Donkey Kong Country Returns Review by: kabenon007Donkey Kong Country Returns to the Top
Nintendo is at it again, bringing an old classic to the forefront with a modern-day upgrade, both in graphics and gameplay. But for a series that is so decidedly old-school (I mean come on, what can be more old school than Donkey Kong?) is a modern upgrade a welcome upgrade? In short: yes. In long: see below.
Donkey Kong has long been known for his platforming skills. He is a monkey after all. Natural born climbers, those monkeys. And he has never been more in his element than in Donkey Kong Country Returns. The ape swings, climbs, and jumps his way across many vibrant and colorful worlds populated with multiple enemies, and boy does he look good doing it. The graphics, controls, and platforming elements combine to form something that is greater than the sum of their parts. The graphics are good, the controls are spot on, and the platforming is so precise and razor sharp you could shave a monkey with it. Natural born shavers, those monkeys.
Watching the game in motion, you would not think you were controlling an ape; you would think you were controlling a ballerina mixed with a cannonball. It sounds like an odd combination, but with Donkey Kong, it works because you expect it from him; both powerful and precise. With practice, you will soon find yourself both alighting on tiny platforms that don't seem wide enough to support the large Kong and careening from cannon to cannon, blasting through the scenery like it is made of papier mache. My only qualm with the controls is the slight delay I felt when jumping with Donkey. It seemed to me that when I pressed the button to make the Kong jump, instead of instantly rocketing upwards, he decides to pick his nose first and then jump. This slight delay, very very slight delay, would normally not have been a big deal, but in a game where the jumping is such a central component and the jumping needs razor sharp precision, that slight delay can sometimes feel like a hindrance.
Speaking of scenery (did you see that transition there?) the levels are wonderfully varied, yet never overwhelming. Eight different worlds, plus one hidden world, are all individual experiences that never feel like rehashes of a previous world. Each one is instantly recognizable with twists on gameplay specific to the area. And these twists are not stage gimmicks, they actually make sense. It makes sense that Donkey Kong would have to deal with huge, environmentally destructive waves on a Beach level. This game also takes the cannon stages made famous by the first Donkey Kong and blows them way way up (snicker). The distance between barrels is sometimes enormous, but the time and distance is never wasted as the scenery that goes flying by during these sequences is always vibrant enough to grab your attention. Until Donkey Kong destroys that beautiful statue you were admiring by blasting through it from the latest barrel cannon. Natural born demolition experts, those monkeys.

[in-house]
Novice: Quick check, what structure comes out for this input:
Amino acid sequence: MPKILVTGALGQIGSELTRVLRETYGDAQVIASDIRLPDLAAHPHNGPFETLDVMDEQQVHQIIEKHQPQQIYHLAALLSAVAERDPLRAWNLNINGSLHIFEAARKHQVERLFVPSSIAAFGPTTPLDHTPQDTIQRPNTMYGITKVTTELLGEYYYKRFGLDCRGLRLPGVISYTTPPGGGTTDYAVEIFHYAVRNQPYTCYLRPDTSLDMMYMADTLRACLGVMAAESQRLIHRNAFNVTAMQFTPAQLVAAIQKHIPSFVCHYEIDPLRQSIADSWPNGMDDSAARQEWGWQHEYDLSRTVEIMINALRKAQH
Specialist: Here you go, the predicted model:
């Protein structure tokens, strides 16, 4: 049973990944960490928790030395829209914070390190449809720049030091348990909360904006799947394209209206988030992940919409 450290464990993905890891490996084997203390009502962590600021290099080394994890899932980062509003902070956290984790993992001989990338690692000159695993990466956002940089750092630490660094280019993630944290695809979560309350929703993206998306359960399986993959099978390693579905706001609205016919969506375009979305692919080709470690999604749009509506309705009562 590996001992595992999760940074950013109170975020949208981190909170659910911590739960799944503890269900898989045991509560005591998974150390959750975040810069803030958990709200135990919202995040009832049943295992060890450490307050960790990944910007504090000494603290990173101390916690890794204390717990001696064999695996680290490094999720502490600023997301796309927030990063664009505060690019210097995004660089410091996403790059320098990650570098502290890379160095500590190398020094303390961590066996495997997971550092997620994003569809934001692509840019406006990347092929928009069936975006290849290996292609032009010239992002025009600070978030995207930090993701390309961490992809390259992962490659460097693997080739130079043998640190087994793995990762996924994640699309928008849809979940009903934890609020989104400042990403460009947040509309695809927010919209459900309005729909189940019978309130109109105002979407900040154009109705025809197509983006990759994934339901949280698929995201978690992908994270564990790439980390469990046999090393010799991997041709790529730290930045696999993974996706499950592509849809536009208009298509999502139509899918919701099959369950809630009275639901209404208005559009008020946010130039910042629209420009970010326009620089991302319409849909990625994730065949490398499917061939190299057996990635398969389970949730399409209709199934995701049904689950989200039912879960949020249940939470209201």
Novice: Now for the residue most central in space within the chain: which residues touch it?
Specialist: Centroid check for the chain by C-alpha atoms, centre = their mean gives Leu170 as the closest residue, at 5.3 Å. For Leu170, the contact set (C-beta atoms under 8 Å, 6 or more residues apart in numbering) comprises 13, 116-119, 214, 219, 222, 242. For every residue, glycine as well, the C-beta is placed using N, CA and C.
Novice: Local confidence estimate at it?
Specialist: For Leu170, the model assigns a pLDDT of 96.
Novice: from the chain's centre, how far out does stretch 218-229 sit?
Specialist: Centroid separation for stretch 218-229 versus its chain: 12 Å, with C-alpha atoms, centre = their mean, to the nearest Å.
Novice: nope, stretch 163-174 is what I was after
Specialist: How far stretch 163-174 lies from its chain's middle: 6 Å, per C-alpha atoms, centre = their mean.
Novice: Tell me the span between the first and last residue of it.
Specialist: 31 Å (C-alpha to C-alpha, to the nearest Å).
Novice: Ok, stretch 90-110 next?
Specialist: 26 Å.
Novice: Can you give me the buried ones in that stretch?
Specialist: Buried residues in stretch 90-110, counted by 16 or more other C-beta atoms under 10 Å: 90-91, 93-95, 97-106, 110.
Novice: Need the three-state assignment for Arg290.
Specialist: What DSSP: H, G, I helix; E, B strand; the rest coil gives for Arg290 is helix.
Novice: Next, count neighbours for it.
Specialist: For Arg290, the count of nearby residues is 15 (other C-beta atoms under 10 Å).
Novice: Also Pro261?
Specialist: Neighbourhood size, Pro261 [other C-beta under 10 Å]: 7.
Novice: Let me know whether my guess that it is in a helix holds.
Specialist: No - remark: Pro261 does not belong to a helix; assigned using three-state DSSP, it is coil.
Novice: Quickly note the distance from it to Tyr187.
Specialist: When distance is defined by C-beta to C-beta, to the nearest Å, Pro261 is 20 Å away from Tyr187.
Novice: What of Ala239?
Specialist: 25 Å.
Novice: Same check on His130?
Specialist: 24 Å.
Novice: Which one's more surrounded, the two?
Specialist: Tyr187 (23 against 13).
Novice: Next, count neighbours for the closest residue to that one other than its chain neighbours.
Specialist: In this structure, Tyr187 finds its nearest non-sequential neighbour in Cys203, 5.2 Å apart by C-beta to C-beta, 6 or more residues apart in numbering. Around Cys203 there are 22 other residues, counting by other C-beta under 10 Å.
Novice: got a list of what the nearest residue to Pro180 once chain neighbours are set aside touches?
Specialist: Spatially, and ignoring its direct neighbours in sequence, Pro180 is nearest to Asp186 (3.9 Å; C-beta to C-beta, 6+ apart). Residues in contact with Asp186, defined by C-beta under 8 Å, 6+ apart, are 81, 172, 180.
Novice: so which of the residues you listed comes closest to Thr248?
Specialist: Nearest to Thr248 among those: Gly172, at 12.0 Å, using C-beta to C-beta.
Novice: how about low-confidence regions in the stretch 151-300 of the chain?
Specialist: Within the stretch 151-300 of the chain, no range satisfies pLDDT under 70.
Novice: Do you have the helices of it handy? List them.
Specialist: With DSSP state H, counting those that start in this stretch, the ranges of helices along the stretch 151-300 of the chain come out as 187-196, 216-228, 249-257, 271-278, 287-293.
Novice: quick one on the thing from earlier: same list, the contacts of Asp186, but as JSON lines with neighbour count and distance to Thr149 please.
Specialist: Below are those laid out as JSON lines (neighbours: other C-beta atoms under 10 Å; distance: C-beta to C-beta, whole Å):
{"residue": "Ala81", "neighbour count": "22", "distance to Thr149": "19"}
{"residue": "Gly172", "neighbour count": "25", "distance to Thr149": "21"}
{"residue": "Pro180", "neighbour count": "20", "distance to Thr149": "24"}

Playing this game alone is fun. Playing this game with a friend (soon to be ex friend) is an absolute riot. Just make sure you have very thick walls, because shortly after you start playing, you both will be shouting at each other at the top of your lungs "Go go go!" "Jump there!" "Why did you jump on that platform you knew it was going to fall out as soon as you touched it? You knew it would fall? You wanted me to fall?" The game sets itself up for this kind of devious play. But ultimately, you need to work together to make it, and it really isn't too difficult to succeed. I played this with my wife, who is not much of a gamer, and we managed to beat the game together, though I'm surprised our marriage handled it. Our talk at night, which used to be "Oh I had a lovely day with you" became "I can't believe you blew right by that barrel. That was our last life!" Natural home wreckers, those monkeys.
This game is also huge. So many levels, and most levels will require multiple runs to complete as they are so difficult at times. In addition to all of the normal levels, there are reasons to play through each level multiple times (to collect the KONG letters, to get a better completion time, etc). And then finally, on top of that, there is a mode available to unlock that completely flips the game on its head, offering up on of the most unique challenges I have ever seen in a platforming game, a challenge I never would have seen coming, but one that completely blew me out of the water. Unlock it. You'll see. But you won't hear about it from me. Natural born secret keepers, those monkeys.
All in all, Donkey Kong Country Returns does just that; it brings Donkey Kong back as the king of the 2D side-scroller. Keeping the best of the old school and taking the modern day innovations and integrating them into that "old-school" feel, Donkey Kong is not so much reinvented but remodeled. It retains that old school feel that Kong fans crave, and makes it all feel fresh and new, yet old. A grandpa, but a young grandpa. A brand new car drenched in that old car smell. You know the one I'm talking about? Ground in french fries and stale pizza. These comparisons make it seem like Donkey Kong Country Returns is bad. But it's really good! I promise! Try it, and you'll feel young again! Natural born rejuvenators, those monkeys.